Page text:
Self harm

Self harm doesn’t just mean cutting open your arms and pouring boiling water on them. It ranges from starving yourself, to giving birth, to ridiculous beauty treatments and tolerating abusive, unappreciative partners. Lifting weights and getting in fights as the stereotypical male does, aren’t actually particularly hardcore or challenging compared to the amount of physical and emotional pain we as females opt to put ourselves through. It’s so much easier to be hit by someone else than it is to hit yourself. But attacking and judging ourselves are an everyday focus for women and girls worldwide. Only when we get too skinny are we seen as really harming ourselves. Or our arms get too scarred. Or we jump in front of train. Or swallow a bunch of pills. But, in reality, it seems to have become perfectly acceptable, and indeed a given part of being a woman, to harm ourselves on a daily basis without anyone really giving a shit.

Somehow society has drilled it into us that this is completely fine. Because in fact, we deserve all the pain. It’s the Eve theory all over again. The lass who apparently brought sin into the world, and encouraged man to do the same. This justification is completely unreasonable. It’s like saying that because George Bush kills so many innocent people and talks so much crap, all Americans are to blame. We should punish them. Or Islamophobia – because a few idiots make up their own interpretations and decide to go on a killing spree, all the Muslims should suffer. These are views held by some people, but challenged by many. Yet when it comes to this Eve bullshit, nobody questions the fact that this misplacement of blame is just that. Bullshit. Women might argue, but we generally accept that we deserve to be persecuted, because it’s an idea a male-driven society has drilled into us.

I began self harming (in the physical, textbook sense) when I stopped being able to cry. I needed to physically be able to see a release of my anger. Of course now I realise how much more satisfying the release of sweat from a hardcore workout is. But the oddest thing I noticed from people’s reaction to what I was doing was that they were more bothered about how it looked. Not that it made me look fucked in the head, or pained, or needy. It was the fact that they didn’t understand that being flawless physically, perfect, pretty and smooth and easy to take isn’t the top of my list of priorities. The fact that by doing probably the most self absorbed thing I’ve ever done embarrassed people as opposed to worrying them is something I find extremely disturbing. They would much rather I cried, ate ice cream and watched Armageddon when things fucked up right? I’d much rather go for a 20-mile run in the middle of the night and draw pictures on my flesh.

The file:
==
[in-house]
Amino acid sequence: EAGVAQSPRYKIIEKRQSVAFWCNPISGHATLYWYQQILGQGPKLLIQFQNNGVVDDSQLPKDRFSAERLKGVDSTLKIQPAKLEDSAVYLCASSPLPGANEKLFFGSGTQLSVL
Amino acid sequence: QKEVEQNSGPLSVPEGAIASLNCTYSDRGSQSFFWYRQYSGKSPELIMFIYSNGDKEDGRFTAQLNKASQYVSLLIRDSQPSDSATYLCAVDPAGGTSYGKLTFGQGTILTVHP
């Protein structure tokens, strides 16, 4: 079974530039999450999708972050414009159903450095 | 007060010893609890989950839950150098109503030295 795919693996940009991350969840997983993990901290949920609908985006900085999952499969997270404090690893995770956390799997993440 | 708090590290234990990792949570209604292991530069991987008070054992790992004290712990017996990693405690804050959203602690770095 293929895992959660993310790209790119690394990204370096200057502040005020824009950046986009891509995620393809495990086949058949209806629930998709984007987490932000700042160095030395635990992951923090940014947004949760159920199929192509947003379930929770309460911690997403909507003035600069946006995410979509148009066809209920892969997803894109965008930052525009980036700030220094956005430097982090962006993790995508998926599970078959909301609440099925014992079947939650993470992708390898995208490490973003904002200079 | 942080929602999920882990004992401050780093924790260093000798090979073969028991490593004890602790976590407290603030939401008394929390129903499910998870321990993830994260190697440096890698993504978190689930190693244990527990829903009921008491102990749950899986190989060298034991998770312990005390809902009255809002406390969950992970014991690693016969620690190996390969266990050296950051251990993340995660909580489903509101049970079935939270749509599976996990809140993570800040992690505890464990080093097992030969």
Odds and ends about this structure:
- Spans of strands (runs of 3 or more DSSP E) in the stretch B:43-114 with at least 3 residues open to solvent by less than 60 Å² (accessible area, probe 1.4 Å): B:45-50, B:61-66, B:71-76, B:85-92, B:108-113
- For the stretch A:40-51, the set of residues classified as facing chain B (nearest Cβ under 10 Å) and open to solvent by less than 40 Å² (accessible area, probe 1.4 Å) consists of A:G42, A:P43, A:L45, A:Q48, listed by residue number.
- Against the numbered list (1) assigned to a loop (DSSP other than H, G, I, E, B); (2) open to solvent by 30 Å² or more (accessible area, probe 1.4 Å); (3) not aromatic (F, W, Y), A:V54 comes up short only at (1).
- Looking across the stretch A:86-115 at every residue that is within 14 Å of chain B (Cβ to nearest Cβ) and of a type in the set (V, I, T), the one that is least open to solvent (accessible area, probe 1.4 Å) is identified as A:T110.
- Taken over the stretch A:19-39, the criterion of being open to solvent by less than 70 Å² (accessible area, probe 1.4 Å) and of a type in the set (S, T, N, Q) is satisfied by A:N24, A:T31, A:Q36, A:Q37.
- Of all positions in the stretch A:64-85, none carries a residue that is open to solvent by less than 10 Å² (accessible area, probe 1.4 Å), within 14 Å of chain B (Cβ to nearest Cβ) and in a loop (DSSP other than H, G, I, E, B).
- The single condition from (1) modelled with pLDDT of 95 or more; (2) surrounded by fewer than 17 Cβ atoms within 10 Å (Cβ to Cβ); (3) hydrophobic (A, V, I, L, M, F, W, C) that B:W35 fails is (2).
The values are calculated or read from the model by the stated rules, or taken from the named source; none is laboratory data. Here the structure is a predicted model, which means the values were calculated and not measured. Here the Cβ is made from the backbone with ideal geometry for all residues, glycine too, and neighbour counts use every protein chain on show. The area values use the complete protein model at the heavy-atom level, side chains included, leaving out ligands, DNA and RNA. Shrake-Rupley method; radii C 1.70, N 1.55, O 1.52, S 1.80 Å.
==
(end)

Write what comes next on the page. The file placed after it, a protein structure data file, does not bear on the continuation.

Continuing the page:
Ophelia is an average girl. After being treated with so much disrespect and apathy she convinces herself of her own lowliness. Of her own unworthiness to exist

It’s like we’re in a massive picture frame, with a stencilled outline of what we should be, what people expect us to be. And as soon as we change the colours, go over the lines and bash at the frame; people would rather take the frame off the wall and lay it face down than take a closer look. So we constantly feel the need to have our heads down. No matter how sure of our own abilities we are.

In one of the world’s most anaylsed pieces of art, Shakespeare’s Hamlet, the women are illustrated as responsible for their own misfortune. Hamlet’s mother is presented as a whore for remarrying after her husband’s death – no one bothers to suggest that perhaps she is lonely and needs the support of marriage with someone she knows and loves well. But the principal victim in the entire play is Ophelia. She is used by her father, abused and confused by Hamlet and judged by the rest of the court. But perhaps there is a sub-plot nobody bothered to mention. Perhaps Hamlet’s denial of his love for her and her father’s death have nothing to do with her own ‘madness’ and there’s a much more complex reason we are unaware of. But when she ‘becomes insane’, everyone would rather stand back and stare; her suicide almost comes as a relief to the court. She is presented as a weak character who gives in to the easiest option. Everyone questions Hamlet’s madness and behaviour, drawing their own analogies, suggesting he may not be mad, his actions are justified and his pain is shared by the audiences. But nobody takes that approach with the lass. Ophelia is an average girl. After being treated with so much disrespect and apathy she convinces herself of her own lowliness. Of her own unworthiness to exist. And so she proceeds to harm herself further. It is a more drastic and vivid illustration of women and girls today. Shakespeare’s choice not to show her suicide reflects society’s choice to just chat about self harm as a topic of discussion and judgement as opposed to acting in addressing the root cause.